EthioPoint: Ethiopians Analysis | Research Articles

Rethinking the Ethiopian Transition: Identifying the sticky issues and prospects for reform

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By Seid Hassan, Abu Girma, and Minga Negash
Ethiopia 4“Torturing, putting people in dark rooms, mutilation of prisoners’ body parts is our (i.e., EPRDF’s) act of terrorism. These unconstitutional acts have been done in every kebele, woreda and zone… There were serious mistakes… There were reasons enough (for the Ethiopian people to put us in prison): the robbery, murder, theft were there. I have apologized [to the Ethiopian people] and asked for forgiveness, while sitting down here with you … The compassionate people of Ethiopia have forgiven us. … The people also showed their mercy not in words but in their acts.” [Excerpts taken from a Prime Minister Abiy Ahmed’s speech given to the Parliament, June 18, 2018.]
Ethiopia is on the eve of transition. After years of repression and violence, Ethiopians are now navigating through unknown waters of opportunities and uncertainties. Recent measures taken by Prime Minister Abiy Ahmed such as releasing political prisoners, opening up the press, and extending invitations to opposition groups and political parties for dialogue are necessary goodwill steps to create a conducive environment of trust and engagement. The rapid and breath-taking changes and reform intentions have raised the chances of successful a post-conflict transition.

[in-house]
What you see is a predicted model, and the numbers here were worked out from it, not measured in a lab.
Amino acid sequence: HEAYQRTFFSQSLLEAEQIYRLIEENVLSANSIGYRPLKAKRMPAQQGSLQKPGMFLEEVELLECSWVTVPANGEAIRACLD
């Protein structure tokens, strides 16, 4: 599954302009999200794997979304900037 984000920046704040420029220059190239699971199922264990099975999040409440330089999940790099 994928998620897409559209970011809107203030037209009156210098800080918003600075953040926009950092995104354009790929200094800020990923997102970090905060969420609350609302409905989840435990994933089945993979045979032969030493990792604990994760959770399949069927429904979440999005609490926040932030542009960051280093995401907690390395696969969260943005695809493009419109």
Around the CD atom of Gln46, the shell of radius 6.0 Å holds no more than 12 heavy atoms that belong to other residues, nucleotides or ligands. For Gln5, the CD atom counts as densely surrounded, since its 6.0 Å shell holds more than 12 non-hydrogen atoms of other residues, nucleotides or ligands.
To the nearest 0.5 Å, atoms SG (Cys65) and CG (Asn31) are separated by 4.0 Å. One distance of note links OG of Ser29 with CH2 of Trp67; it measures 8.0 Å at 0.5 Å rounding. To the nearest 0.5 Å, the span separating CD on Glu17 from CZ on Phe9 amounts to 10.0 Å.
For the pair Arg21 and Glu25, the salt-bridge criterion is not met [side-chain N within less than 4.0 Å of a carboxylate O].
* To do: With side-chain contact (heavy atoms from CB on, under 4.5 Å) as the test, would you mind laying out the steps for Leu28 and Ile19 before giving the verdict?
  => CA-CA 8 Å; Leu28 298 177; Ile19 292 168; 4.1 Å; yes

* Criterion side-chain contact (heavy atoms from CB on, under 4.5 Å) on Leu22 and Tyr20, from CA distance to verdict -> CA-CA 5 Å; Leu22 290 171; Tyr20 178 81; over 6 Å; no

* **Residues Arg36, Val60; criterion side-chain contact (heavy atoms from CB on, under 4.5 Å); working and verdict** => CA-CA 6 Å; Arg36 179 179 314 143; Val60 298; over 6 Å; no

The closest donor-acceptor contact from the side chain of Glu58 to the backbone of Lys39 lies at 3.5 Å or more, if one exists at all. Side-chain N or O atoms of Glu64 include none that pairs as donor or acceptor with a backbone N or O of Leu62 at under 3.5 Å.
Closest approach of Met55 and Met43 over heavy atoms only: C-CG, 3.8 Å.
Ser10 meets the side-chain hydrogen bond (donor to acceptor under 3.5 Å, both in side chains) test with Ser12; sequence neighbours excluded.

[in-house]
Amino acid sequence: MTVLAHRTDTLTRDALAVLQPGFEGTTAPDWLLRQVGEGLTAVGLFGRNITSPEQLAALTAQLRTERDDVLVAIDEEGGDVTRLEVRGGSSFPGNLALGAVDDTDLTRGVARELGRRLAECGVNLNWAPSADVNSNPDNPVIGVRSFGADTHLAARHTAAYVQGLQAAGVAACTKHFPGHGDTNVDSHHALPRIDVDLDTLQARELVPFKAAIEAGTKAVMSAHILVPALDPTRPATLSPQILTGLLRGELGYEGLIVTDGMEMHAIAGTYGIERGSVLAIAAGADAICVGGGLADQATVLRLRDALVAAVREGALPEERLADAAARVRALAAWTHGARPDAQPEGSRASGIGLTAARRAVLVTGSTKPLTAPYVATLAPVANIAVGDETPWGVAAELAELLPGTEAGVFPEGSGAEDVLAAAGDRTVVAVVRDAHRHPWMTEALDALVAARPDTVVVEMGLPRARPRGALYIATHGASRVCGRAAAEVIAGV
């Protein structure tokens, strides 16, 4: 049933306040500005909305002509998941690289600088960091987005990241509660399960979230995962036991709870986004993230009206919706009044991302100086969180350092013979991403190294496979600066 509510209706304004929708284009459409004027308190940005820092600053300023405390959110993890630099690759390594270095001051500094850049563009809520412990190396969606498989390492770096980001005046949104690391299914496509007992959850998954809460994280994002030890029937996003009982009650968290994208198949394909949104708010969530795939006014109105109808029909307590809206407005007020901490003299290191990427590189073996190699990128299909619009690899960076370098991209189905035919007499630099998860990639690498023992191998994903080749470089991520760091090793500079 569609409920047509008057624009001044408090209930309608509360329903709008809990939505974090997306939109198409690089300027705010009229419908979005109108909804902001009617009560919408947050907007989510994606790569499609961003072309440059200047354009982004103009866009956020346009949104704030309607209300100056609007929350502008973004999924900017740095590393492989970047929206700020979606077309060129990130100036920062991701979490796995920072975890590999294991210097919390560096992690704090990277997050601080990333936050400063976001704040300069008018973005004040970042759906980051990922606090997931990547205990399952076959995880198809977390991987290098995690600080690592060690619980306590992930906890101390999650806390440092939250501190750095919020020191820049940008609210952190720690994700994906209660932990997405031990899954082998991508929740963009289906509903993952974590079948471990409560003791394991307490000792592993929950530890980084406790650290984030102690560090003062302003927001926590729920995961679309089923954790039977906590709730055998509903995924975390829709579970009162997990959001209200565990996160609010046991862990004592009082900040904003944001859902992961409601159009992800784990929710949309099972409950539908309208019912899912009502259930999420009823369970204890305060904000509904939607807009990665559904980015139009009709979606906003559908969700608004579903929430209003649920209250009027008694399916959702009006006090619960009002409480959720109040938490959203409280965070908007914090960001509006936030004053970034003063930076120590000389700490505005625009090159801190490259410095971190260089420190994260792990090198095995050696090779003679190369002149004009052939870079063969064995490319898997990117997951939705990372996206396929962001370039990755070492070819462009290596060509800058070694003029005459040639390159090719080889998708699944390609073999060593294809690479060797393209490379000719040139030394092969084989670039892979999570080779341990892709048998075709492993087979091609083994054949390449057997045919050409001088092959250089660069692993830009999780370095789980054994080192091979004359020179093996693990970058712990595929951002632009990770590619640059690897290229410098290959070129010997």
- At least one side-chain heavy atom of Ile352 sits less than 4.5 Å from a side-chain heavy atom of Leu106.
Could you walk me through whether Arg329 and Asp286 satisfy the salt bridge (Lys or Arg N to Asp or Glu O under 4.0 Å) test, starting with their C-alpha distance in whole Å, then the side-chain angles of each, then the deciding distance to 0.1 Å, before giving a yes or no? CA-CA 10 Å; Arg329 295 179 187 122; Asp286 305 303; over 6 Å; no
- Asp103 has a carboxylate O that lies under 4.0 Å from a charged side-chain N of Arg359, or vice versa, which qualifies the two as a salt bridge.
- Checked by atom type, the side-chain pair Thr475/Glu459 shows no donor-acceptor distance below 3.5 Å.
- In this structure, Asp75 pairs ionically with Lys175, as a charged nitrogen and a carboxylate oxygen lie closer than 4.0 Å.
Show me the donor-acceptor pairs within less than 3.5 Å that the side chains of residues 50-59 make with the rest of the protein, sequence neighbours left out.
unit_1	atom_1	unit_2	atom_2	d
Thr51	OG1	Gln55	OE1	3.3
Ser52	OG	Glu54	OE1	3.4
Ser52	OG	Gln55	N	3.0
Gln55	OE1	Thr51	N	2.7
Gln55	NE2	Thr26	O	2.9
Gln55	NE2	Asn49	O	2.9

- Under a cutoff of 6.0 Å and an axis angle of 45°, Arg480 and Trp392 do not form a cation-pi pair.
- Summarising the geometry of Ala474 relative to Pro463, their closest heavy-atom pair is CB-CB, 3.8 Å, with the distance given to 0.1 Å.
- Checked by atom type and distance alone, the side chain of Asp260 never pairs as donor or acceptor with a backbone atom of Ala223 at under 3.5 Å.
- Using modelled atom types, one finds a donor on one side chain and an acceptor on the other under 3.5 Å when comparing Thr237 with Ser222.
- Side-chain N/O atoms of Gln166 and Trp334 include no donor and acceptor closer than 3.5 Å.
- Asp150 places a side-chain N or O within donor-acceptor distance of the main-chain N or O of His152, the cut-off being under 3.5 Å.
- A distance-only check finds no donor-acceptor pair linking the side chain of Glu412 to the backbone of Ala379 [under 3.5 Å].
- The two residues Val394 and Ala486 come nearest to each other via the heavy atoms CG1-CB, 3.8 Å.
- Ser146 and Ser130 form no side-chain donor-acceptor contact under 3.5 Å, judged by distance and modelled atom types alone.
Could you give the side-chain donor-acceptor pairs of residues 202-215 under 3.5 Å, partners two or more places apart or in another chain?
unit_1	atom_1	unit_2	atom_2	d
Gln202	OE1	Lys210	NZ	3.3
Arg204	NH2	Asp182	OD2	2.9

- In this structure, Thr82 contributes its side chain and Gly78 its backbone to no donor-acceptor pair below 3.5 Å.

These steps are critically important to set the process in motion for establishing the institutional foundation that can ensure the implementation of the reform packages and achieving the objectives of creating a democratic, peaceful, dynamic, and prosperous Ethiopia. Ushering in the new transition, however, requires strong leadership, vision, wisdom, heart, patience, humbleness, and collective determination by Ethiopians both at home and abroad.
Old Habits Die Hard:
Post-conflict transitions are often faced with multifaceted challenges and pressures. Embracing the new in place of the old always involves resistance not only from those who have vested interest to keep the status quo but also from passive supporters because the new is a strange fellow and comes with risk. The experience of the last 30 to 50 years in Ethiopia has had a dehumanizing effect on all of us and it has become almost our second nature to be suspicious and excessively pessimistic on a broad set of issues. Besides the apparent sources of resistance towards a new transition, converting us from passive supporters to active promoters of change takes a considerable leap of behavior and firm determination of shared responsibility.